Adding energy calculations may help machine learning better predict protein structures
preprintposted on 2020-03-21, 00:59 authored by Wenfa NgWenfa Ng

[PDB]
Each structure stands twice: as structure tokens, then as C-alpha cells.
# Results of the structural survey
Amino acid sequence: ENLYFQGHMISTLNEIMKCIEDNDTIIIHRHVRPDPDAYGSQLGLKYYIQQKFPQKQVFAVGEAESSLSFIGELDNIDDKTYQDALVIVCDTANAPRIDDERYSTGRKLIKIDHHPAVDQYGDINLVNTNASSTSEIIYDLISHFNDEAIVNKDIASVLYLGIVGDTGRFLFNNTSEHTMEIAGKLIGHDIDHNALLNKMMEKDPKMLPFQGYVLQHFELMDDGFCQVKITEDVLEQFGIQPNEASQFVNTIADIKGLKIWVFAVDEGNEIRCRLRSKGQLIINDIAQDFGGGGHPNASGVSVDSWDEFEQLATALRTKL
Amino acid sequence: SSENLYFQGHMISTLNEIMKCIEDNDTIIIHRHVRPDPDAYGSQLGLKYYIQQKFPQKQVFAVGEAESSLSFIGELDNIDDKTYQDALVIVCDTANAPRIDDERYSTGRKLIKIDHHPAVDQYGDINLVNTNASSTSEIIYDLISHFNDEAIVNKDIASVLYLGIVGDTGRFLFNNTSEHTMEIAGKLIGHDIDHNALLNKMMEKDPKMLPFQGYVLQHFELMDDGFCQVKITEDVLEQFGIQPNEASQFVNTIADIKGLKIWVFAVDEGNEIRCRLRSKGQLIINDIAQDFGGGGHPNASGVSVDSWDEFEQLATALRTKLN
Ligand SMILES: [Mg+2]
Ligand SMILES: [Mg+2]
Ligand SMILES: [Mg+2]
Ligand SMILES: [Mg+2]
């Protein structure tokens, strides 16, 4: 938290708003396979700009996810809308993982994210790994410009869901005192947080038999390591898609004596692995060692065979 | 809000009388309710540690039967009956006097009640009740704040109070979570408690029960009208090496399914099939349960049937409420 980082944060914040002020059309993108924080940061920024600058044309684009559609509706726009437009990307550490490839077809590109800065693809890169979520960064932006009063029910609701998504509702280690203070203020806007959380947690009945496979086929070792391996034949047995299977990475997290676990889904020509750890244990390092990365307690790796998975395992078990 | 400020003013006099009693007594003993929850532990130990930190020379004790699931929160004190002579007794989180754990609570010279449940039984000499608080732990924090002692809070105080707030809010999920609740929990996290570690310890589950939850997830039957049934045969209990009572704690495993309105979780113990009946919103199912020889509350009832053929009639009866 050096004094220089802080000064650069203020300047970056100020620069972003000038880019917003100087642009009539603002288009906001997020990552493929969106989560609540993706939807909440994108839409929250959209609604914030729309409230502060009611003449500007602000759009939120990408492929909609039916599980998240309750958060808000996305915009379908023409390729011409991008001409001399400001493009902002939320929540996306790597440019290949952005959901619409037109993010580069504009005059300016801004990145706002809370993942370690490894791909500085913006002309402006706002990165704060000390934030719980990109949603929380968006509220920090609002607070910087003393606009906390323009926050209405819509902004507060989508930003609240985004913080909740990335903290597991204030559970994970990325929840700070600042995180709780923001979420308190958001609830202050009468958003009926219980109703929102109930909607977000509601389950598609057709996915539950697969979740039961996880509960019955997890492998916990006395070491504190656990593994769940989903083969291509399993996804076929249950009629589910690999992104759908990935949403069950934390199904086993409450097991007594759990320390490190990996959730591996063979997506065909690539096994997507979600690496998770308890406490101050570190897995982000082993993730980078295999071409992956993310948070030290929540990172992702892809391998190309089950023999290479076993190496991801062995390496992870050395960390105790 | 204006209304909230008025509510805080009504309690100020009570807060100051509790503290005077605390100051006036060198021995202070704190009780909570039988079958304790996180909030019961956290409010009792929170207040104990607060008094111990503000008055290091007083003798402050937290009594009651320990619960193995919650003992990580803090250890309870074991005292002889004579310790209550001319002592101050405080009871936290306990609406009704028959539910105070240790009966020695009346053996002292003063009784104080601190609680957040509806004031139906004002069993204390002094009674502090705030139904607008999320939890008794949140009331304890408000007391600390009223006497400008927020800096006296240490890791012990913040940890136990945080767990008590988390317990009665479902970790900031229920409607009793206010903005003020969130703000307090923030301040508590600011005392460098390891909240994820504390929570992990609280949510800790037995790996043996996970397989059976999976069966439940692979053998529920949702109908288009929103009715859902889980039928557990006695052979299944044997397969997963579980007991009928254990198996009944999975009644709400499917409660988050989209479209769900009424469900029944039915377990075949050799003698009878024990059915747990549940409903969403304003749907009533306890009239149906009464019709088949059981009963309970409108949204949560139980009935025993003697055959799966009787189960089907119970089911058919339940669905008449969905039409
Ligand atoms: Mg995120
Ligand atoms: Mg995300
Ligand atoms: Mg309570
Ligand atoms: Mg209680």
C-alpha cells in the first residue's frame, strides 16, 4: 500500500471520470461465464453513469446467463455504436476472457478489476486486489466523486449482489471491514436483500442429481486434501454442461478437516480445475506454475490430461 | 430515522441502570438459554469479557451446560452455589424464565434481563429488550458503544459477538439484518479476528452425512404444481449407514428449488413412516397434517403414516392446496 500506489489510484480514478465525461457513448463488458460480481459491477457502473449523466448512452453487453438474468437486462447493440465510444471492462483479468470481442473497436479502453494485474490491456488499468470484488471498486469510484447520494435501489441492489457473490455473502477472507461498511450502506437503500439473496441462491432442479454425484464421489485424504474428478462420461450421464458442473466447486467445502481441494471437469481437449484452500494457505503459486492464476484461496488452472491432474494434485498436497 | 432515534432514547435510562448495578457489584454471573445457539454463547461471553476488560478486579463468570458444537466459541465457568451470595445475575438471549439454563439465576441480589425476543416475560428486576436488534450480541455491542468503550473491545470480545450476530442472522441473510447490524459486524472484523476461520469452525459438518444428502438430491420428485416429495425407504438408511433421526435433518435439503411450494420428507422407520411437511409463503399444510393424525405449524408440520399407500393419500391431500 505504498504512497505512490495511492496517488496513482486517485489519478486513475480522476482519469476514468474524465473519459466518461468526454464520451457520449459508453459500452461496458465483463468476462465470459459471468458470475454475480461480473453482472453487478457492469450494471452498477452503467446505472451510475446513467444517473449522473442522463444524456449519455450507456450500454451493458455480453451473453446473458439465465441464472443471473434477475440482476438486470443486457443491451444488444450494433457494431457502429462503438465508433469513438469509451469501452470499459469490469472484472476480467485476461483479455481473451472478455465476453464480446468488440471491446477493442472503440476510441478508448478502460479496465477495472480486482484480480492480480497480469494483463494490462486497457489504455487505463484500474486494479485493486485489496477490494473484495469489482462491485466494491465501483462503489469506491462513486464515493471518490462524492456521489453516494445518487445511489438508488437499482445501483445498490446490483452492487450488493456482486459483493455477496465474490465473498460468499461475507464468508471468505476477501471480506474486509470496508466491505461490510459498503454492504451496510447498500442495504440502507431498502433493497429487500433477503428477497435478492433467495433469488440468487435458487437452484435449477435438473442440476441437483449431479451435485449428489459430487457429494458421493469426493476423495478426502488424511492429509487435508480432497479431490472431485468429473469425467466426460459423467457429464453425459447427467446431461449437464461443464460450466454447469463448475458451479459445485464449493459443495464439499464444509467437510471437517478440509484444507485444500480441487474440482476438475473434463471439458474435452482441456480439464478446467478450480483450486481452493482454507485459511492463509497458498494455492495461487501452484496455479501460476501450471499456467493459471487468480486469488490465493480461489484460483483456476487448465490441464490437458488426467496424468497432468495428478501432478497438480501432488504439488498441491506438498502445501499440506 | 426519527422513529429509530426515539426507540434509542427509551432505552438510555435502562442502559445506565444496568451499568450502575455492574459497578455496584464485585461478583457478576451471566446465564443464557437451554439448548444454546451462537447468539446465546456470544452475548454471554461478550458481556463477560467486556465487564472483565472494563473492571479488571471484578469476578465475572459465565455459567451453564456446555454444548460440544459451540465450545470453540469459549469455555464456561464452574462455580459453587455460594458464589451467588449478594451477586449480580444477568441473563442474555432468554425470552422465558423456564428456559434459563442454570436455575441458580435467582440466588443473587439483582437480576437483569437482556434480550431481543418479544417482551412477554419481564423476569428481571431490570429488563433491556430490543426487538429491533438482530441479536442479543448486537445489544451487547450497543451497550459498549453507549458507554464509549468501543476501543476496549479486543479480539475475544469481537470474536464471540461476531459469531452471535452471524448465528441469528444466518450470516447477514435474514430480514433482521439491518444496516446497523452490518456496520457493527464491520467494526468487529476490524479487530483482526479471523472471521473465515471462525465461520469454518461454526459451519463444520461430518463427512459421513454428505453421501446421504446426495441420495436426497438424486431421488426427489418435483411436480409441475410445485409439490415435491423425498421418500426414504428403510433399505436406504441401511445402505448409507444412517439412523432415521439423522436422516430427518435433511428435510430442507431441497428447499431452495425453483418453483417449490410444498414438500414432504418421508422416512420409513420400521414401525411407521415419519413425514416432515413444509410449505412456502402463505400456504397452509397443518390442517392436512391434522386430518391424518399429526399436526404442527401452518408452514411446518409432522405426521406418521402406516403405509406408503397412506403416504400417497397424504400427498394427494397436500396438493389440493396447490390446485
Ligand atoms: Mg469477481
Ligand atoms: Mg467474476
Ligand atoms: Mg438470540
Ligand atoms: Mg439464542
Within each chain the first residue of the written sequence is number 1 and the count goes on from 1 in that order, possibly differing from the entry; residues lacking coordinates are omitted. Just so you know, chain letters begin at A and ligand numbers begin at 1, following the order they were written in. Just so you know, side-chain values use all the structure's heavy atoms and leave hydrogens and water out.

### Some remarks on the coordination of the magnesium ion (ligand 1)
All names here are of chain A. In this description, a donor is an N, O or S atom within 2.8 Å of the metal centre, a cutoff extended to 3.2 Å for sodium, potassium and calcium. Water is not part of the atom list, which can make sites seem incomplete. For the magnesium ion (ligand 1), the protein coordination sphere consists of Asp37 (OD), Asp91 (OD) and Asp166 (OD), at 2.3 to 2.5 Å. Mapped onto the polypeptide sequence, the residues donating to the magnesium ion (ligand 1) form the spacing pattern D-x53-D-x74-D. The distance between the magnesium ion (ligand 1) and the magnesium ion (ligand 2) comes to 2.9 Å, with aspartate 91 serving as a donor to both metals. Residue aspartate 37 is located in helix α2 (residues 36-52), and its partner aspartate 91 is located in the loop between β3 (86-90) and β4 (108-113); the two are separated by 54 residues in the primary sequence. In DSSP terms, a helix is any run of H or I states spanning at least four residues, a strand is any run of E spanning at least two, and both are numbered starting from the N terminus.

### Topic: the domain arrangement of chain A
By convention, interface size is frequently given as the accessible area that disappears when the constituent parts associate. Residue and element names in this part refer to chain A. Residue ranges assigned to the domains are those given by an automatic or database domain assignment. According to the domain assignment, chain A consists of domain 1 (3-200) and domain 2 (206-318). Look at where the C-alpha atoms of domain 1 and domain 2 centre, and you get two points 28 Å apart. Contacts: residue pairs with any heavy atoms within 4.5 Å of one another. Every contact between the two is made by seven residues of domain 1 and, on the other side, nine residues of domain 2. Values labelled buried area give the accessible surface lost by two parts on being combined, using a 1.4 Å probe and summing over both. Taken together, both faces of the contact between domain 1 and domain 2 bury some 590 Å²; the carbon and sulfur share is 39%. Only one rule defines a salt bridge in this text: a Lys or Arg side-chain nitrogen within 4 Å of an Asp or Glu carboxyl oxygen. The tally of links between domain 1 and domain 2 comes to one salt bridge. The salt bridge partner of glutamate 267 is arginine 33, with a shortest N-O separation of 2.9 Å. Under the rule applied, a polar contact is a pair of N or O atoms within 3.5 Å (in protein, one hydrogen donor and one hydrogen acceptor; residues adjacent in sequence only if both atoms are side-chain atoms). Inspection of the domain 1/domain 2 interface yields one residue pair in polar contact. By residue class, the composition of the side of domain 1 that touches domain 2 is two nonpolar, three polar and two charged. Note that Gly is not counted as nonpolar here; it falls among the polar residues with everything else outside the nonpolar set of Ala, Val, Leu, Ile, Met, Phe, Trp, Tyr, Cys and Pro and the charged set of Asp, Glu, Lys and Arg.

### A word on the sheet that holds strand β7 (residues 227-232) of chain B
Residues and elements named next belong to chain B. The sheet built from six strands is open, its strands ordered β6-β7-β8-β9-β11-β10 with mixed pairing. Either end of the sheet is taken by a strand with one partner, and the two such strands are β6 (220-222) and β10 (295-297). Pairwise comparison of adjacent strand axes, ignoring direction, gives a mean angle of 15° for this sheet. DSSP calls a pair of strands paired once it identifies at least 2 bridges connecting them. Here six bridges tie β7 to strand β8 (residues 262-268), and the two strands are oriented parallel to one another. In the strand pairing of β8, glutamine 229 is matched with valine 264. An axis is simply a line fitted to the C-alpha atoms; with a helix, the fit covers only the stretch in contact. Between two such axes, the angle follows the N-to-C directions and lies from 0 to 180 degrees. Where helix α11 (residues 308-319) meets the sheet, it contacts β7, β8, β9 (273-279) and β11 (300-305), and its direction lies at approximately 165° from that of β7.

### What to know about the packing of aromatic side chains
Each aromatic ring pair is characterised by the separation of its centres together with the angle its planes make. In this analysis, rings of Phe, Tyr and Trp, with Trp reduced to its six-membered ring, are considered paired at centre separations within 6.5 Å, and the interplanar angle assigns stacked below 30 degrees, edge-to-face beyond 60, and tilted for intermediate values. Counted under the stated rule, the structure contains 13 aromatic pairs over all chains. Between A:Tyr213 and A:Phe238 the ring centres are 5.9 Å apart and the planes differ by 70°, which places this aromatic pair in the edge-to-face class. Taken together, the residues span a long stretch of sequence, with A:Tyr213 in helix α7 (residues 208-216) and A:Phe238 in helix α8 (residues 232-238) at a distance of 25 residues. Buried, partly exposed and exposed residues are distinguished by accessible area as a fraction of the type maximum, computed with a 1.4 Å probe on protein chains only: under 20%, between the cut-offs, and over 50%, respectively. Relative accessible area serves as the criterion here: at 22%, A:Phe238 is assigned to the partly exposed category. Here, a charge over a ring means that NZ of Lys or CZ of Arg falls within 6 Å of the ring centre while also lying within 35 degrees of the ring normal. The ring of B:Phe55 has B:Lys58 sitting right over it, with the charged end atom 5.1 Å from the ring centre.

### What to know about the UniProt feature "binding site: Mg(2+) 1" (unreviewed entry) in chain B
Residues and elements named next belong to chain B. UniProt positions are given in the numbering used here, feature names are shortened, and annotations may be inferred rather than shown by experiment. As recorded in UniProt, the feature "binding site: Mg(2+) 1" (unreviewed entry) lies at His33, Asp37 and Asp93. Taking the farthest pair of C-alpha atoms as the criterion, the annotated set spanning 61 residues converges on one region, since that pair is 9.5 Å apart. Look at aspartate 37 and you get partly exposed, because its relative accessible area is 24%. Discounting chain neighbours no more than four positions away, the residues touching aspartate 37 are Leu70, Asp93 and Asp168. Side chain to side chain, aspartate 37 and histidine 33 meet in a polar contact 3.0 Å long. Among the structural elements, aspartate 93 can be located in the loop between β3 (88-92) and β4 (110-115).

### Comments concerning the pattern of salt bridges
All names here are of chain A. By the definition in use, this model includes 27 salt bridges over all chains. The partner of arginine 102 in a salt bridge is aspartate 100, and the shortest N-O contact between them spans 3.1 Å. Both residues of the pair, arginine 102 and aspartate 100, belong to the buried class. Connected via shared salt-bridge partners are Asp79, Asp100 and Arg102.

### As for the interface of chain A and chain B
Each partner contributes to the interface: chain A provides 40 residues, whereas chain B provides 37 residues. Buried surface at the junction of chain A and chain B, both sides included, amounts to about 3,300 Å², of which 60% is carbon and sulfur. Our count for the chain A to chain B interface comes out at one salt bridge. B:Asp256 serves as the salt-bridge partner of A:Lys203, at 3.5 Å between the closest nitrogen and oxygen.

Machine learning has been utilized for predicting many types of variables in image processing, clinical diagnosis as well as board games through supervised learning based on a training dataset. Theoretically, the data driven approach of machine learning can be applied to many areas of scientific research and is only limited by the quality of the input data. One area where machine learning has increasingly been applied is the field of structural biology. Specifically, various machine learning methods including deep learning has been used in predicting the structure of proteins based on amino acid sequence. If the approach is validated for a variety of different classes of proteins, the method could aid the resolution of the protein folding problem, which hitherto could not be solved by energy calculations and molecular dynamics simulation. At heart in structural prediction of proteins is the determination of the correlation between amino acid sequence and protein folding pattern. Essentially, there are hidden rules and patterns in the highly complex dataset linking protein amino acid sequence and structure, which potentially could be uncovered by machine learning algorithms. Possibility thus exist in using the solved protein structures available in Protein Data Bank as well as the amino acid sequence of each protein for input into various machine learning algorithms to uncover features useful for protein structural prediction. Specifically, this approach sought to utilize the ability of machine learning tools to glean hidden relationships between protein amino acid sequence and specific structural motifs in a protein structure. Through this mapping, a correlation chart could be formulated where particular sequence motif is linked to specific protein fold. Although mutations could be present in a sequence motif previously linked to a structural fold, machine learning tools are generally tolerant of such imperfections and could still link a specific structural fold to an amino acid sequence motif. This holds two important implications: (i) machine learning-based protein structural prediction is inherently faster than ab initio molecular simulations, and (ii) structures predicted by machine learning may be coarse and unable to help answer questions on functional consequence of specific motifs. The latter is particularly important because the ultimately aim of structural biology is to arrive at structures able to help functional studies through linking structure to function. Perhaps, machine learning algorithms could be complemented by energy calculations derived by modelling small structural folds in three-dimensional space. Adding energy calculations would thus provide an additional layer of constraints to the final machine learning model, which may manifest as refinements to the structural picture emanating from artificial intelligence-based protein structure prediction. Overall, the application potential of machine learning in protein structure prediction has been explored, but many protein structures that manifest from such algorithms remain coarse and in need of structural refinement. Nevertheless, the fast speed and data driven approach of machine learning tools offers a simpler and more accessible path to computer-based prediction of protein structure compared to traditional molecular simulation. Adding energy calculations to the training dataset may be one avenue in which machine learning-based protein structure prediction could be refined and help lend better protein models that informs functional studies in enzymology and beyond.